Once elected, Moore wasted no time. Seeing a need in the community, he organized a transportation summit the same year he stepped into office. Today, as mayor, transportation remains a main focus.
“The conversation is one that takes a long time to get traction, and we’re gaining traction,” Moore said. “My focus right now is multimodal transportation. We’re doing that with connectivity and sidewalks and bike lanes in addition to widening streets and adding asphalt.”
One example of this is the Mack Hatcher Northwest Extension, which will add just over three miles to the road, including a bridge over the Harpeth River, and will provide a multi-use path for biking, walking and more.
It is a high-priority project for the state Department of Transportation, but Franklin also has plenty of other road projects underway, such as the widening of Franklin Road.
“That’s such an important project in my mind because there are no sidewalks there,” Moore said. “It’ll look a lot like Hillsboro Road: sidewalks and street lights and turn lanes and all that kind of stuff. I’ve tried to put a lot of emphasis on connectivity — sidewalks and trails — and filling in those gaps.”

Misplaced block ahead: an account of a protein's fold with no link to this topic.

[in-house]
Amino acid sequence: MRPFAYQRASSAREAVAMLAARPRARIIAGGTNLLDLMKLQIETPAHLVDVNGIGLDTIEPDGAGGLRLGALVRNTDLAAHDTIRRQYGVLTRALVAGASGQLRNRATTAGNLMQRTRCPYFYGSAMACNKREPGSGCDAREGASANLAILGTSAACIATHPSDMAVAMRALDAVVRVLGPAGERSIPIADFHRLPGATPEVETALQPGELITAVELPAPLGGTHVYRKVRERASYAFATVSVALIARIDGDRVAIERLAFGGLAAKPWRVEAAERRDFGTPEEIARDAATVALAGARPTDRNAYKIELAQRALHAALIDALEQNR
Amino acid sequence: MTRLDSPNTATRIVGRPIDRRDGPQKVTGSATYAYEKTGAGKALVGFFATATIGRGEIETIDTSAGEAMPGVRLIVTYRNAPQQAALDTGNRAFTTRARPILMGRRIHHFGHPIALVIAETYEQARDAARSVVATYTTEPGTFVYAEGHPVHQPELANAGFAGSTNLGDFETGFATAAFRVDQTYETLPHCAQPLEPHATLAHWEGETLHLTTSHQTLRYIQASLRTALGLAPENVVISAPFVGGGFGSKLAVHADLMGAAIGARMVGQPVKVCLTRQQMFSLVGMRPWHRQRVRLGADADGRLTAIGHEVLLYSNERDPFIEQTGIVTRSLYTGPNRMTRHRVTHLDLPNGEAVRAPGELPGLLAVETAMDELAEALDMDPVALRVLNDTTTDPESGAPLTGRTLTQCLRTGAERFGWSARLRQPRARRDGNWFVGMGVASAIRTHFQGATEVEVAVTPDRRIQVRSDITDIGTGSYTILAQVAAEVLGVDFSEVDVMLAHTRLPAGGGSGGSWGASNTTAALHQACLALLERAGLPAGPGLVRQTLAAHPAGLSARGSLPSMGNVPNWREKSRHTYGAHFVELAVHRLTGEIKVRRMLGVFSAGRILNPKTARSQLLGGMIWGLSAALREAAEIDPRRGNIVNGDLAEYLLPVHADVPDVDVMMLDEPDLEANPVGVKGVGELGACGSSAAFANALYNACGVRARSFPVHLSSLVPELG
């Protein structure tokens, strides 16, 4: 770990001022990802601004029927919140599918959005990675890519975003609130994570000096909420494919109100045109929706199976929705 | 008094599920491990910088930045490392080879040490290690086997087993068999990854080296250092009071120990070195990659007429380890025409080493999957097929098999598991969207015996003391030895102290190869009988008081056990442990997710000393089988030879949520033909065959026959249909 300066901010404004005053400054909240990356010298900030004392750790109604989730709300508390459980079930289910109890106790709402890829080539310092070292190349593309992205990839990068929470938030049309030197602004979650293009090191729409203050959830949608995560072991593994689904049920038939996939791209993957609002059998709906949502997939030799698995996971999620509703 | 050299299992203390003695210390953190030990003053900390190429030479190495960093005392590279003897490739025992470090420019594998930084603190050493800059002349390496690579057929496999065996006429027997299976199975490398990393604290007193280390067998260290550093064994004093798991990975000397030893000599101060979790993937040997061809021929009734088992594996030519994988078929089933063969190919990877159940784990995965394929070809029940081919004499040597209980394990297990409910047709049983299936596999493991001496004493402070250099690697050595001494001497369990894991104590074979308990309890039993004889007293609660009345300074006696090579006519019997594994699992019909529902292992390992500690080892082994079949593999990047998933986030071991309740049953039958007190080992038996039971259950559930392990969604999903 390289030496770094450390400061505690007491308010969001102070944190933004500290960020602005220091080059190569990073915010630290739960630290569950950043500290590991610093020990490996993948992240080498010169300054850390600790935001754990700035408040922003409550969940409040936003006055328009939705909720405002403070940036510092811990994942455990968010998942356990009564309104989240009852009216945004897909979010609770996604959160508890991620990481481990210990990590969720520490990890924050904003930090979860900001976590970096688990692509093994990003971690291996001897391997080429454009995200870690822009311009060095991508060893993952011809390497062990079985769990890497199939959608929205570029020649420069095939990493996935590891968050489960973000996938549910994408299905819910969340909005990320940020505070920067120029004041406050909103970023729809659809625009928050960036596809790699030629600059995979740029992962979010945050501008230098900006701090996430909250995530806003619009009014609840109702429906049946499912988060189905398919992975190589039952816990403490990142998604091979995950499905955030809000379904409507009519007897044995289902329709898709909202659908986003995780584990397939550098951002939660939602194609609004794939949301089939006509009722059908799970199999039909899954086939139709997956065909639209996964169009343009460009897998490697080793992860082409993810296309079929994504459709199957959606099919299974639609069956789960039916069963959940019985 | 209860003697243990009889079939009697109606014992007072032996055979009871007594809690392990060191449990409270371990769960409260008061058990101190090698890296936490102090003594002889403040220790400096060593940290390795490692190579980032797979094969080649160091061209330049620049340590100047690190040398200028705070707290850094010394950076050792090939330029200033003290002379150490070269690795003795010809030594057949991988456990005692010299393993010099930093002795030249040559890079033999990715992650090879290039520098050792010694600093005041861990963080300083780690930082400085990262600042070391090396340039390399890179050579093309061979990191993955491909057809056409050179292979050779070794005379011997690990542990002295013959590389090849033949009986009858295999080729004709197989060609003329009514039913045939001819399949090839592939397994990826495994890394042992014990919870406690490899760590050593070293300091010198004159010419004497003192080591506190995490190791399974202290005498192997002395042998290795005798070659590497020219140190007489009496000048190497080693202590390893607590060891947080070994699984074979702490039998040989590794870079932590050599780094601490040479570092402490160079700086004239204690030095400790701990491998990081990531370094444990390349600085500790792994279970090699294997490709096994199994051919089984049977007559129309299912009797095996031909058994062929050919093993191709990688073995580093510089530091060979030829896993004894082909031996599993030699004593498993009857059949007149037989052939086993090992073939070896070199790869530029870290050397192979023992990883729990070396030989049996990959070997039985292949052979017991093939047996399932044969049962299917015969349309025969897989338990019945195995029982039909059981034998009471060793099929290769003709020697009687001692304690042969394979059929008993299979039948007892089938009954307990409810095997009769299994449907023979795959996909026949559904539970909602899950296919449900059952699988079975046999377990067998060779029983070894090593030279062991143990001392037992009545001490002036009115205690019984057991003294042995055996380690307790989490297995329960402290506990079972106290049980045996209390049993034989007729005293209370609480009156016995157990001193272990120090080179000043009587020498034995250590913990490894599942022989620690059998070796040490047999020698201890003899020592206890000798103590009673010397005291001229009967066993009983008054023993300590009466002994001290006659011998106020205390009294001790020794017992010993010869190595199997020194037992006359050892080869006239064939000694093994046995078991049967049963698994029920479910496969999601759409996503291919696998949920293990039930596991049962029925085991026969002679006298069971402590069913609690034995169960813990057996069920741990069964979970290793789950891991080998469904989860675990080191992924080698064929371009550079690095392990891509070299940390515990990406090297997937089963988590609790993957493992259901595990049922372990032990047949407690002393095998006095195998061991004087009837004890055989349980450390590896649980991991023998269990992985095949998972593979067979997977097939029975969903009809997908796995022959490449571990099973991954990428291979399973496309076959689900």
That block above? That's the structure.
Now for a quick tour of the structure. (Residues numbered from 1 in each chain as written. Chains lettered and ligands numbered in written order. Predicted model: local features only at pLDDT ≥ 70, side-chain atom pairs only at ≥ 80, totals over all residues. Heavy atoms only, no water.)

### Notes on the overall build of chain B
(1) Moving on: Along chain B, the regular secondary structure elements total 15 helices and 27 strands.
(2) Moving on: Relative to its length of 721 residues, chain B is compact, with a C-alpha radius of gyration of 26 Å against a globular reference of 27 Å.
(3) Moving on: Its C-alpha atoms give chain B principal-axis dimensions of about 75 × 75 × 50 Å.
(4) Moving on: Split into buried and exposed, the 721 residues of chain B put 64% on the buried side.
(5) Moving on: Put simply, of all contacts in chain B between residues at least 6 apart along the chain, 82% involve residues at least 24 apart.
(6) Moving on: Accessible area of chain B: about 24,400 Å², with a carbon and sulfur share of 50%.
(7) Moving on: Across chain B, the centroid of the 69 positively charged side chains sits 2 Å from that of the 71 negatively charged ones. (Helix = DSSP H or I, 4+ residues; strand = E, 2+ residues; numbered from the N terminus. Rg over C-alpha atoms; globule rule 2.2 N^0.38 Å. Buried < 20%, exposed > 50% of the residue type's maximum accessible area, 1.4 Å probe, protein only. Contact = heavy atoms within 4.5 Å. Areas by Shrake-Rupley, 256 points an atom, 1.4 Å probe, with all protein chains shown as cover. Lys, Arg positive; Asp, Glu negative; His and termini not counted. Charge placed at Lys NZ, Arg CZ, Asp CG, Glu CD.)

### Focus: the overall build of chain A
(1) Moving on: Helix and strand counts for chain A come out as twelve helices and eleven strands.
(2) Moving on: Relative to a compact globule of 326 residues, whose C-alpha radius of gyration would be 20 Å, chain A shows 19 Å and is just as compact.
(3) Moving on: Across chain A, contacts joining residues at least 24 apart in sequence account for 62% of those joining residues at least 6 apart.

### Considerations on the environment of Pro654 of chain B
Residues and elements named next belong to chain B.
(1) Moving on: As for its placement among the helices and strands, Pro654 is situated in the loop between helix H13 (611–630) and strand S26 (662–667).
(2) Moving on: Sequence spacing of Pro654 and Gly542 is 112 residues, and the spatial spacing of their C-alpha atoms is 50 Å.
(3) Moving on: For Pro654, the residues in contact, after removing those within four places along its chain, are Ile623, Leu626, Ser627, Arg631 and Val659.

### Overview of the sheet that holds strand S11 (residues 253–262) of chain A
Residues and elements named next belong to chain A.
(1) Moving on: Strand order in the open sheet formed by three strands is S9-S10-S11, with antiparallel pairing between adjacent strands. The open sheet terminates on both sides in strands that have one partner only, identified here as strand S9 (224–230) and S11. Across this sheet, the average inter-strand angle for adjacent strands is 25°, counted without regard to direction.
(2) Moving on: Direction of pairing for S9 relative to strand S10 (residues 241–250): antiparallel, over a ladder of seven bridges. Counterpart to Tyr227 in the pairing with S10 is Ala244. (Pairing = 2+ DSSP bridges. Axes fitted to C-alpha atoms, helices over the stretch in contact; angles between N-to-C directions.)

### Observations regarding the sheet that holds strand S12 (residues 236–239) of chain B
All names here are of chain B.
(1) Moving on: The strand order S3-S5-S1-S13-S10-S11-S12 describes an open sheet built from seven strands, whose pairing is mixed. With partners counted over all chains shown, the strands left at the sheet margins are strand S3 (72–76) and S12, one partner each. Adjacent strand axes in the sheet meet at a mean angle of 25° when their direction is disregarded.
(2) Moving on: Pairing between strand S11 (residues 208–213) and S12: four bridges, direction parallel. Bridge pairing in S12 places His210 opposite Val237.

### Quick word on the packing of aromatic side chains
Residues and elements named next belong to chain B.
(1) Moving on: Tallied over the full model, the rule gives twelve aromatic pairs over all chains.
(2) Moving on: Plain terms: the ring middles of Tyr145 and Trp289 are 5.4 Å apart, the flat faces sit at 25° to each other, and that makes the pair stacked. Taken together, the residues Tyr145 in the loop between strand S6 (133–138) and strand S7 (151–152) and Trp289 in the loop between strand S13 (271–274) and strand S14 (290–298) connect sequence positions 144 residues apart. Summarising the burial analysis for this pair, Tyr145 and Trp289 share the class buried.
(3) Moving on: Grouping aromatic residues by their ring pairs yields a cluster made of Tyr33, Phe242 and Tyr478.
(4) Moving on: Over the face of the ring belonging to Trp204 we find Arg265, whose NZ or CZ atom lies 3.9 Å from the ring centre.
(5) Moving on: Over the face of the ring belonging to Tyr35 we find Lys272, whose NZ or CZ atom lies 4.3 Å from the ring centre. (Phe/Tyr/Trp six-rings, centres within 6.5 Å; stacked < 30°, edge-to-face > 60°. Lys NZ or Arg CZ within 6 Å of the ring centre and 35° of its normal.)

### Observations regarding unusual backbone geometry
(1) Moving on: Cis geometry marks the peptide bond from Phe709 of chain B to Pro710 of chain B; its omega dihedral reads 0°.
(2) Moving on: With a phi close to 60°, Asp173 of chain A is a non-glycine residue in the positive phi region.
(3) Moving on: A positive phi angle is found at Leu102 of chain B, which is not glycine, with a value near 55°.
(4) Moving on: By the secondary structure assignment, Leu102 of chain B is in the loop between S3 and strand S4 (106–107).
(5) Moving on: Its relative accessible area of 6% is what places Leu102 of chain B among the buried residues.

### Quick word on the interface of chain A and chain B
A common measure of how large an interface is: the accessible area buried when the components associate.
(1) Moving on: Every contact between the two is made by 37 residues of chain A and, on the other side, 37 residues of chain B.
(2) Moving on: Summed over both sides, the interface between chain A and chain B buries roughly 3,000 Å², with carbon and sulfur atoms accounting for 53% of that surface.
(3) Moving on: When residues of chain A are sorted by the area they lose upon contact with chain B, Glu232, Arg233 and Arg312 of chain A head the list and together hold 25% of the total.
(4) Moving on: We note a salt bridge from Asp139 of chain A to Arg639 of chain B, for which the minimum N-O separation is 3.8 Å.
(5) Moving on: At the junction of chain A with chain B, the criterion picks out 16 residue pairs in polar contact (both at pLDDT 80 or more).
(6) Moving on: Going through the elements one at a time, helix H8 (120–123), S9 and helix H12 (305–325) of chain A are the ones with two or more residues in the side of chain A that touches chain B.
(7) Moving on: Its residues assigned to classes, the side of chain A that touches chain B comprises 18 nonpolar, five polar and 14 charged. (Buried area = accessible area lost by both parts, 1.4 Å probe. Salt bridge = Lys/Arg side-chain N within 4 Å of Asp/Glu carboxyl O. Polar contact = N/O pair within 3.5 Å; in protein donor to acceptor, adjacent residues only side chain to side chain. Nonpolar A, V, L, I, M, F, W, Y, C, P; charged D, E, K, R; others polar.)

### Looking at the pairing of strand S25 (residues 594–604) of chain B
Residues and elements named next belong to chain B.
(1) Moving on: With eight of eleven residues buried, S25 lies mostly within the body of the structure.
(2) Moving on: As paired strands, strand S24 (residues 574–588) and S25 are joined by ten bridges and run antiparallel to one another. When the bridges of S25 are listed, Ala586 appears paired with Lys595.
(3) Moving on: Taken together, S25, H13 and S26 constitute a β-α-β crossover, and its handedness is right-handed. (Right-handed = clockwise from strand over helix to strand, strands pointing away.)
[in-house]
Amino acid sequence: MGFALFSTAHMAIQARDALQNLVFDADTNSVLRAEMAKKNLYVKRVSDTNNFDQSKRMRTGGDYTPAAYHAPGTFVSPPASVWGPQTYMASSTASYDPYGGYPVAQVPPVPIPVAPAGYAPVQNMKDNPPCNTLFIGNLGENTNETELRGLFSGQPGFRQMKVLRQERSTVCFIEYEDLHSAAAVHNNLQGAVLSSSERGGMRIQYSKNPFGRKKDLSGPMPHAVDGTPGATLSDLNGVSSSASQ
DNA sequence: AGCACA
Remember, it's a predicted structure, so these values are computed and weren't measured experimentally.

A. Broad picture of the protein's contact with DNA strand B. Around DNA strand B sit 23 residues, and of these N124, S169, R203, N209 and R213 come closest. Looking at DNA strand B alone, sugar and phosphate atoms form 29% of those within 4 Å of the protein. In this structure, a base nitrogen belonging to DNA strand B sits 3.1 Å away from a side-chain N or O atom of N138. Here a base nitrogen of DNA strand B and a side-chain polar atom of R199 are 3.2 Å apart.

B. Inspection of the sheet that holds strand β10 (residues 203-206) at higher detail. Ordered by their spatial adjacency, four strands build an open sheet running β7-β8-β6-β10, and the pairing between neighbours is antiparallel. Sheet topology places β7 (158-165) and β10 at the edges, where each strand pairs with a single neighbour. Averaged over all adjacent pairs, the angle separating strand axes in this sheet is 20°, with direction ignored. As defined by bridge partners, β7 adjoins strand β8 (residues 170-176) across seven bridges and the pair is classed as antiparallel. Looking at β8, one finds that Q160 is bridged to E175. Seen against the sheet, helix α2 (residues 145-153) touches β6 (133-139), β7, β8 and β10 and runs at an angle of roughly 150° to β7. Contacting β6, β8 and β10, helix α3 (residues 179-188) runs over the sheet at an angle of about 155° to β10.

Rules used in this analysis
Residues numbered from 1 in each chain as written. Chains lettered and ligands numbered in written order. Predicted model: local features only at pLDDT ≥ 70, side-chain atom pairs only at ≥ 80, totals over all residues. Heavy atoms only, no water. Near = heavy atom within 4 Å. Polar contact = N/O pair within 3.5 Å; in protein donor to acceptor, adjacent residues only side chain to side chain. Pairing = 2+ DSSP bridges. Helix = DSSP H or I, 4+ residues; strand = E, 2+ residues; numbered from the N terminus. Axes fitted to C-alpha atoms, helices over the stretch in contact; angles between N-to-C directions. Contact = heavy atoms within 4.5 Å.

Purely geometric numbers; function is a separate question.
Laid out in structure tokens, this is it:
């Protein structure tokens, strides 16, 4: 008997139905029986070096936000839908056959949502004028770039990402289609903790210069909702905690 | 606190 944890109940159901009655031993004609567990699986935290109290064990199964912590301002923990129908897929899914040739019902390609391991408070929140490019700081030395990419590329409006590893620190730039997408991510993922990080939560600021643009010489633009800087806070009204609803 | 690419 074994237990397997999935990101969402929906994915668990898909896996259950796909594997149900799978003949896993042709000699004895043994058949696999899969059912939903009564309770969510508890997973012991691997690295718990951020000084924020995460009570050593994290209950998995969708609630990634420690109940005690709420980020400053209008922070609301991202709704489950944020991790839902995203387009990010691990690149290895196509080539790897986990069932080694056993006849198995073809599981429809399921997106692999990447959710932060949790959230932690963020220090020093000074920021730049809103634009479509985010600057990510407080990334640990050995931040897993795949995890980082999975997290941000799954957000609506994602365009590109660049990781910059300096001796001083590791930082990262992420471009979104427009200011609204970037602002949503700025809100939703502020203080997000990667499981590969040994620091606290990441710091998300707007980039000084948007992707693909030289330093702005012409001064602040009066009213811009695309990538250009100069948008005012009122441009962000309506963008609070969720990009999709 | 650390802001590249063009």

Moore said he is hoping to improve the city’s local transit authority and get the head times down to 15 minutes. He is also looking into mass transit for cross-county commuters through the South Corridor Study.
However, throughout his mayoral tenure, the projects Moore said he is most proud of are not necessarily related to transportation. One of his major successes was making Franklin a TVA platinum-level Valley Sustainable Community.
“I take a teeny bit of credit, but the most credit goes to all the people who got involved because we started out with just a lot of conversation about sustainability, and I saw there was a lot of interest,” Moore said.
“The bottom line is we’re saving our citizens money; we’re doing things more efficiently, like the solar field and like certain things we’ve done at the wastewater plant, which saves over $100,000 a year. Recycling came out of that, and we’ll continue to see other projects come out in the future.”